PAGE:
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The Persian Sibyl, also known as the Babylonian, Hebrew or Egyptian Sibyl, was the prophetic priestess presiding over the Apollonian oracle.
The word Sibyl comes (via Latin) from the ancient Greek word sibulla, meaning prophetess. There were many Sibyls in the ancient world, but the Persian Sibyl is said to have foretold the exploits of Alexander of Macedon. Nicanor, who wrote the life of Alexander mentions her.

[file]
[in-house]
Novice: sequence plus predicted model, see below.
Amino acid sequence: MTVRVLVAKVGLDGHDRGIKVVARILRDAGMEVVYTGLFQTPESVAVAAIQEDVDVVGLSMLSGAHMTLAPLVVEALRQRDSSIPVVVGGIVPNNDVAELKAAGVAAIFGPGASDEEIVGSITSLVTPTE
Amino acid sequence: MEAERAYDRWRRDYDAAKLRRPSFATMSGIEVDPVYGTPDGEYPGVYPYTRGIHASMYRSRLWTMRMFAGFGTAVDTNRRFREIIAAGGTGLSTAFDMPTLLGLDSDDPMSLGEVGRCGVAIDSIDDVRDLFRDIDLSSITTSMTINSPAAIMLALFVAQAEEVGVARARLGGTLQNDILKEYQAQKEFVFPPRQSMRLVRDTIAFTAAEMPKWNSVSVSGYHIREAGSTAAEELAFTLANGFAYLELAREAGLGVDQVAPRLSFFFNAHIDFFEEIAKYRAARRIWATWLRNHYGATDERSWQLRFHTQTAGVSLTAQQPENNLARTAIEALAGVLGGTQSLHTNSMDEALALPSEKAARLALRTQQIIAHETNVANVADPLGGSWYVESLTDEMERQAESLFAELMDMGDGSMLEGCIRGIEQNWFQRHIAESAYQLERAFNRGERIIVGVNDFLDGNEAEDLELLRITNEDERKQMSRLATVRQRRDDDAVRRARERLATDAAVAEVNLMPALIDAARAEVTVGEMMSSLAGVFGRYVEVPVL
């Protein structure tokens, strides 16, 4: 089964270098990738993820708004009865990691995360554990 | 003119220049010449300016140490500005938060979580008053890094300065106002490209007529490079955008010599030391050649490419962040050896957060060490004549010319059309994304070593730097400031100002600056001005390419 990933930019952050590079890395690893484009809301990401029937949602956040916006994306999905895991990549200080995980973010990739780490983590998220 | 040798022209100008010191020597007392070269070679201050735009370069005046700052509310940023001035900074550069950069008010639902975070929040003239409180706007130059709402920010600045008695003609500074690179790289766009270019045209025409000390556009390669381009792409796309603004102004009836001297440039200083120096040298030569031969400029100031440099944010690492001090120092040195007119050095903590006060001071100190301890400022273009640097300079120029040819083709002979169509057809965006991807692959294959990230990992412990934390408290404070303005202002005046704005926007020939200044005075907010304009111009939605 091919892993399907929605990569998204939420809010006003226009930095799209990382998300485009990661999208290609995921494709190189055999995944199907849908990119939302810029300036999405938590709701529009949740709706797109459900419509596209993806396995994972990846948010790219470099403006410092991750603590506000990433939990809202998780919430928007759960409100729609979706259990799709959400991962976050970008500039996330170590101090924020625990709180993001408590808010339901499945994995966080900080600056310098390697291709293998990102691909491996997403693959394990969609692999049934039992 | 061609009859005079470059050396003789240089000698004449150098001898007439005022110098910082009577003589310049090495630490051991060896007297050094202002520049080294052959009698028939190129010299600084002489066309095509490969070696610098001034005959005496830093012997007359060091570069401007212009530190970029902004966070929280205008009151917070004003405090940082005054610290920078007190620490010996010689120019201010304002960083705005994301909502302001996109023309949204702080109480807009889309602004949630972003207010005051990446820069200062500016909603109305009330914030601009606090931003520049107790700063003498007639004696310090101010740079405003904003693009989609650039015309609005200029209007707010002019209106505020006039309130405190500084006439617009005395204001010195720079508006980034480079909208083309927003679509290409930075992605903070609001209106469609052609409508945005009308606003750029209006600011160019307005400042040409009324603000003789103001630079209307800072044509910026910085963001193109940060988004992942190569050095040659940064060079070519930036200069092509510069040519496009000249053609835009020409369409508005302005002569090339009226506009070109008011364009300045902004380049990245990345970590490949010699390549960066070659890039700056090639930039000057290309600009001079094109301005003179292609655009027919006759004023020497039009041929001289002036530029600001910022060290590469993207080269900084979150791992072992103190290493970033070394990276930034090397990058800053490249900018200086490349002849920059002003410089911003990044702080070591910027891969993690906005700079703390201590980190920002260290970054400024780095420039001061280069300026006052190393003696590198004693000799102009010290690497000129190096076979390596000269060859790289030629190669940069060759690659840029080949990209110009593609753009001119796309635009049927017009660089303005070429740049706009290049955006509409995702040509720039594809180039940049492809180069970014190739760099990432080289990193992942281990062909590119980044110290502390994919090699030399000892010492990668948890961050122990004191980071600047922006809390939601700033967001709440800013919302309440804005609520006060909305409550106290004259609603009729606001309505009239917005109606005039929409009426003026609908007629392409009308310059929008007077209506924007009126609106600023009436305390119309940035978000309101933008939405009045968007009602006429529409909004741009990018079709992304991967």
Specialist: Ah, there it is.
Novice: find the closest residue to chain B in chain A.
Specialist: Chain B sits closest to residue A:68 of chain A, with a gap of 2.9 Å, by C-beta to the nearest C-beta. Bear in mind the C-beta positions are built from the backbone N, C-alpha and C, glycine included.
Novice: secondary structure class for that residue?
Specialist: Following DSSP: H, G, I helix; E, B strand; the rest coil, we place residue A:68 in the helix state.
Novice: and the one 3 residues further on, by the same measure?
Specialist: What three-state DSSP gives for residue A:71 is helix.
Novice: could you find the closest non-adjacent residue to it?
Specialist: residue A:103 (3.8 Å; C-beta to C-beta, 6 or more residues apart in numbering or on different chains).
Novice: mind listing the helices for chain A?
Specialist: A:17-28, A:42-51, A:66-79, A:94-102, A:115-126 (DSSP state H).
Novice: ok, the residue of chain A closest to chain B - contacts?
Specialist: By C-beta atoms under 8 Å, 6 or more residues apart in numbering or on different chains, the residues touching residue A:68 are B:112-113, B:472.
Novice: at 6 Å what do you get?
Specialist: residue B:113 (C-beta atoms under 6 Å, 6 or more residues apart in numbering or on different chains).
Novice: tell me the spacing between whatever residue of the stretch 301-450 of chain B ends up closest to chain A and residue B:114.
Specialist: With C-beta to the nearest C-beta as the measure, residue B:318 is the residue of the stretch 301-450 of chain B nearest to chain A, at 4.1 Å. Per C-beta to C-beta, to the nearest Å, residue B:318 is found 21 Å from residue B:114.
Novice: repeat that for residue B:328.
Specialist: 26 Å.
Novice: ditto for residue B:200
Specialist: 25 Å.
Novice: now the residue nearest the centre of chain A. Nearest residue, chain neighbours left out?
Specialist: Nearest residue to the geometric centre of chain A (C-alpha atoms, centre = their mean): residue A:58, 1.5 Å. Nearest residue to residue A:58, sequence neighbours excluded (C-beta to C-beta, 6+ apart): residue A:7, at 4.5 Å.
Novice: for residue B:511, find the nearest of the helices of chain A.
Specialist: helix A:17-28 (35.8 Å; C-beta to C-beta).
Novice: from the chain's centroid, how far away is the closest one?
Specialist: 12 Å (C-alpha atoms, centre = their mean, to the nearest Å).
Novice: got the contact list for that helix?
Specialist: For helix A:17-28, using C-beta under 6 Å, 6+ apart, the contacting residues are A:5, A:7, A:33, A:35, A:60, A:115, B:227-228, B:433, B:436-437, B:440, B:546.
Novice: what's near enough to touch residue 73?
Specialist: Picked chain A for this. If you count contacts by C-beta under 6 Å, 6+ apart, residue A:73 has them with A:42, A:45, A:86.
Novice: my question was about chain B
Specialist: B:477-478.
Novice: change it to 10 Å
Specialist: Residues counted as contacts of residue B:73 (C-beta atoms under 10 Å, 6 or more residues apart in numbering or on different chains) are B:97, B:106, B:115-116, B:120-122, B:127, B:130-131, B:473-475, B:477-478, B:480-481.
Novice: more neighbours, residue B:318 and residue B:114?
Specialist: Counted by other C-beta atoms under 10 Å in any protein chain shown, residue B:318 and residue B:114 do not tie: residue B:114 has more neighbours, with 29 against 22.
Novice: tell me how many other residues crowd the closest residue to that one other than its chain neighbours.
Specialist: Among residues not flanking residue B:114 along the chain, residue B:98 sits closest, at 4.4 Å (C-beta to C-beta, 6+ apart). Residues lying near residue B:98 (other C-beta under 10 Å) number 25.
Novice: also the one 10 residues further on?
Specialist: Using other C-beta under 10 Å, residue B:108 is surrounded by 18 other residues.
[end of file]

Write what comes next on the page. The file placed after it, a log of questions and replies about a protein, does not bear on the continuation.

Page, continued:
The Persian Sibyl has had at least three names, Sambethe, Helrea and Sabbe.
Sambethe, was said to be of the family of Noah. A painting of Sibilla Persica by Guercino hangs in the Capitoline Museum, Rome.
Pausanias, pausing at Delphi to enumerate four sibyls, mentions a "Hebrew sibyl":
"there grew up among the Hebrews above Palestine, a woman who gave oracles named Sabbe, whose father was Berosus and her mother Erymanthe. Some say she was a Babylonian, while others call her an Egyptian Sibyl."
The medieval Byzantine encyclopedia, the Suda, credits the Hebrew Sibyl as author of the Sibylline oracles, a collection of texts of c. the 2nd to 4th century which were collected in the 6th century.